President Joe Biden winged his way south and west on Air Force One to visit Louisiana, recently hit hard by Hurricane Ida – the fifth-strongest hurricane on record to strike the United States. As he delivered remarks to the press, one million people were without power, 600,000 across the state were without clean drinking water, and much of the southern region was left near devastated, with at least nine people dead. As usual, swelteringly hot and humid weather creates even more life-threatening conditions for those surviving the storm’s aftermath.
Biden was met by Louisiana Governor John Bel Edwards and local officials for a briefing on what he was about to see before making public comments. He did relay this message during the meeting:
“There’s nothing political about this. It’s just simply about saving lives and getting people back up and running. Rural, city, coastal, inland.”
What Mr. Biden said on September 3 closely mirrored his comments earlier in the week: “We’re all in this together. The nation is here to help.”
Biden addressed reporters after touring a devastated neighborhood in Laplace, LA, touting his infrastructure plan: “My Build Back Better Initiative will build back resiliency. We will build back levees….” But he soon regressed to structured talking points, saying, “This isn’t about Republicans or Democrats. We’re in this together, and so we’re not going to leave any community behind.”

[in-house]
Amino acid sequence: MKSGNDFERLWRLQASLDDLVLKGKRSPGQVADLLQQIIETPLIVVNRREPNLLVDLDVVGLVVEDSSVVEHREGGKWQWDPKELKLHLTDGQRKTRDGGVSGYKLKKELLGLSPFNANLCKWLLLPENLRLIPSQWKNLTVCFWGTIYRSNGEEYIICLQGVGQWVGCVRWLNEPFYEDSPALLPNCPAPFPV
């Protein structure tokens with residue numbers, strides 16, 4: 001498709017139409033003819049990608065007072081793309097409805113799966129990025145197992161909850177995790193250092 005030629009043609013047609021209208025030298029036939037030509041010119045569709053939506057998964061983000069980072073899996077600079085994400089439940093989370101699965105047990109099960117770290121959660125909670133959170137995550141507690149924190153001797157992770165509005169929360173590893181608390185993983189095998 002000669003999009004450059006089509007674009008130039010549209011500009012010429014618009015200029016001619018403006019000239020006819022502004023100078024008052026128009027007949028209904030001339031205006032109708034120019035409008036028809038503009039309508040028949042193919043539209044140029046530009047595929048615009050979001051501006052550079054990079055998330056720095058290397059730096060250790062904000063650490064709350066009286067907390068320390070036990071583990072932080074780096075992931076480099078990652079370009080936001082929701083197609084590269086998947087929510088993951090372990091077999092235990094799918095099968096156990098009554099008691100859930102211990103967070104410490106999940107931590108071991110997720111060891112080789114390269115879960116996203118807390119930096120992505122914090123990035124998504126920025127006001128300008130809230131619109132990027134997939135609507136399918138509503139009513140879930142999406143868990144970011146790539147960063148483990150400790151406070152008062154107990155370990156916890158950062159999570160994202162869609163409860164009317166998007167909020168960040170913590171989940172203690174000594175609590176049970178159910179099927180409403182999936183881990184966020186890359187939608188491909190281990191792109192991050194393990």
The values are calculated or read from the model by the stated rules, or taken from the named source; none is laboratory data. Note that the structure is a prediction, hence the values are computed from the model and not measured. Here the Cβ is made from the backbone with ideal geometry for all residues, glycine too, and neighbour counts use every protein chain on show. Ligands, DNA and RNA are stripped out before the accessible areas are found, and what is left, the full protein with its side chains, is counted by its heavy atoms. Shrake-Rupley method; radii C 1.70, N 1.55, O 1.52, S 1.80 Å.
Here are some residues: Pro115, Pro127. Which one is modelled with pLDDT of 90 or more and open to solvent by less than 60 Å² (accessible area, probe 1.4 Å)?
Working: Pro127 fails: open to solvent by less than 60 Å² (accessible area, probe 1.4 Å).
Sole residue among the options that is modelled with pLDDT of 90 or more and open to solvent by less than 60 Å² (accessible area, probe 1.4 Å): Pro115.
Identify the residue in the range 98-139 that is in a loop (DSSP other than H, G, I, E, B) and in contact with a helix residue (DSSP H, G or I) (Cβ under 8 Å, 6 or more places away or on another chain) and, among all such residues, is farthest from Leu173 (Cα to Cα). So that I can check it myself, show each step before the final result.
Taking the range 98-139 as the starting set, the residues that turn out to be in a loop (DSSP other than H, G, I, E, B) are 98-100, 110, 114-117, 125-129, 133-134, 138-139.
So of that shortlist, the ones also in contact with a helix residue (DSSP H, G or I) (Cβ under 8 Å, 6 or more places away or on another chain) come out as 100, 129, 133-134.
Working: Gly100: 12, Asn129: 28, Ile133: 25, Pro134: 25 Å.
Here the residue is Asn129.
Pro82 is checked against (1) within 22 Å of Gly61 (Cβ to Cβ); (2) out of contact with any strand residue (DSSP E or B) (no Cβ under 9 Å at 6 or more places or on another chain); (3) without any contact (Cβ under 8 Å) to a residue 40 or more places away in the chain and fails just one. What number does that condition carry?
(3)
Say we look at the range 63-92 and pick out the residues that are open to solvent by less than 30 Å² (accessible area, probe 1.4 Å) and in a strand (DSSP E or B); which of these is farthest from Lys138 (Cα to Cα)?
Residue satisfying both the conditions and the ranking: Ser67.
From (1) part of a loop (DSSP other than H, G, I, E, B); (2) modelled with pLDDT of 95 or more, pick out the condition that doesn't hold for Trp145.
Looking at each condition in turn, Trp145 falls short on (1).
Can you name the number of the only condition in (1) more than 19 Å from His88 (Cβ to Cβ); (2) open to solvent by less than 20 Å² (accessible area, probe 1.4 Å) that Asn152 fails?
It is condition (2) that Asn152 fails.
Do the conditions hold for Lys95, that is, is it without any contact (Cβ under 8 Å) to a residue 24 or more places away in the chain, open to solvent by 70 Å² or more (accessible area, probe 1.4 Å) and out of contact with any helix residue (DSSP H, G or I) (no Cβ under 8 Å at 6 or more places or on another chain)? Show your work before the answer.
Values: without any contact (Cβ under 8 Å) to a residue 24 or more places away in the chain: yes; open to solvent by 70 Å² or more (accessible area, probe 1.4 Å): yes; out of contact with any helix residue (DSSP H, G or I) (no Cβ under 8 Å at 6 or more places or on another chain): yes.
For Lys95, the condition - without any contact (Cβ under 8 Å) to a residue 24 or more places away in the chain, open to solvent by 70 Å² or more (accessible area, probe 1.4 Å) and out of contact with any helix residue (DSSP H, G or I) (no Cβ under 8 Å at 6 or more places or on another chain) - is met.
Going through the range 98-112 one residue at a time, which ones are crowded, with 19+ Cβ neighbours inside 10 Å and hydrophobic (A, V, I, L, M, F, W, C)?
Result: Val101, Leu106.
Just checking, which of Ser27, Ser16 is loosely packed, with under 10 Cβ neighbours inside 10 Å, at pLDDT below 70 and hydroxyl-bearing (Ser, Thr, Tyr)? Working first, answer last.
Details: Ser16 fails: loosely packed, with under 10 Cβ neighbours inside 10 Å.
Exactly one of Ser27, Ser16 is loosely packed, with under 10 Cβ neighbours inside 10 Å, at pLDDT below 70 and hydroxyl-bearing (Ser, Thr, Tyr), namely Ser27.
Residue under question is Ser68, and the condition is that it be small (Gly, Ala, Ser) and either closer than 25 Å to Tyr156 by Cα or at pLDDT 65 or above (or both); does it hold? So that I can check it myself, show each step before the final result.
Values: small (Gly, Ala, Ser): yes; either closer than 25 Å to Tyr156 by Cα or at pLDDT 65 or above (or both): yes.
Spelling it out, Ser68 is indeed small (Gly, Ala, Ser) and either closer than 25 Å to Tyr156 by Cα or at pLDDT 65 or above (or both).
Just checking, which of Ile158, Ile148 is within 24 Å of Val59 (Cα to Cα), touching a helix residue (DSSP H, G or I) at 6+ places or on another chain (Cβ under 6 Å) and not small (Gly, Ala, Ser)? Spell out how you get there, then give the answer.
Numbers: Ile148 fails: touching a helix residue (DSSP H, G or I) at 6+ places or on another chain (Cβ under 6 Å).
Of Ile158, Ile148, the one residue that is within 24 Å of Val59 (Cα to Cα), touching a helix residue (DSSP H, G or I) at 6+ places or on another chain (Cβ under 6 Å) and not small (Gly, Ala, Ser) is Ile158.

Before he concluded his remarks – in a matter of minutes – he told the same old story of his grandfather saying, “Joey, keep the faith,” and grandmother telling him, “No, spread it.” Well, at least something is being spread in Louisiana.
The president is implementing a door-to-door “spread the word” outreach by Federal Emergency Management Agency (FEMA) staffers so that everyone understands what is available, in terms of aid. He pointed out efforts to restore gas flow, electricity, and cell phone signals as soon as it is safe to do so – and that it would not be like the trouble “during Katrina.” Taking a hard-line stance, Biden relayed that he is pressuring private insurance companies to step up payouts to victims, saying, “don’t hide behind the fine print.” The president then vowed to put $500 into citizens’ bank accounts, yet didn’t detail how that would work or who would be eligible.
Mr. Biden left the podium with the now-trademarked act of turning his back – and not taking questions – to complete the Ida devastation tour by helicopter by viewing some of the hardest-hit communities of Laffite, Grand Isle, Port Fourchon, and Lafourche Parish.
After making landfall just Southeast of New Orleans, Hurricane Ida cut a northbound swath of destruction across the Eastern seaboard, wreaking havoc in New Jersey and New York with torrential rains followed by flooding earlier this week. At least 46 people have perished in the Northeast, and the president has already issued a “declaration of emergency” for those areas.
The commander-in-chief’s final destination for the long weekend? Wilmington, DE. What a surprise.
Read more from Sarah Cowgill.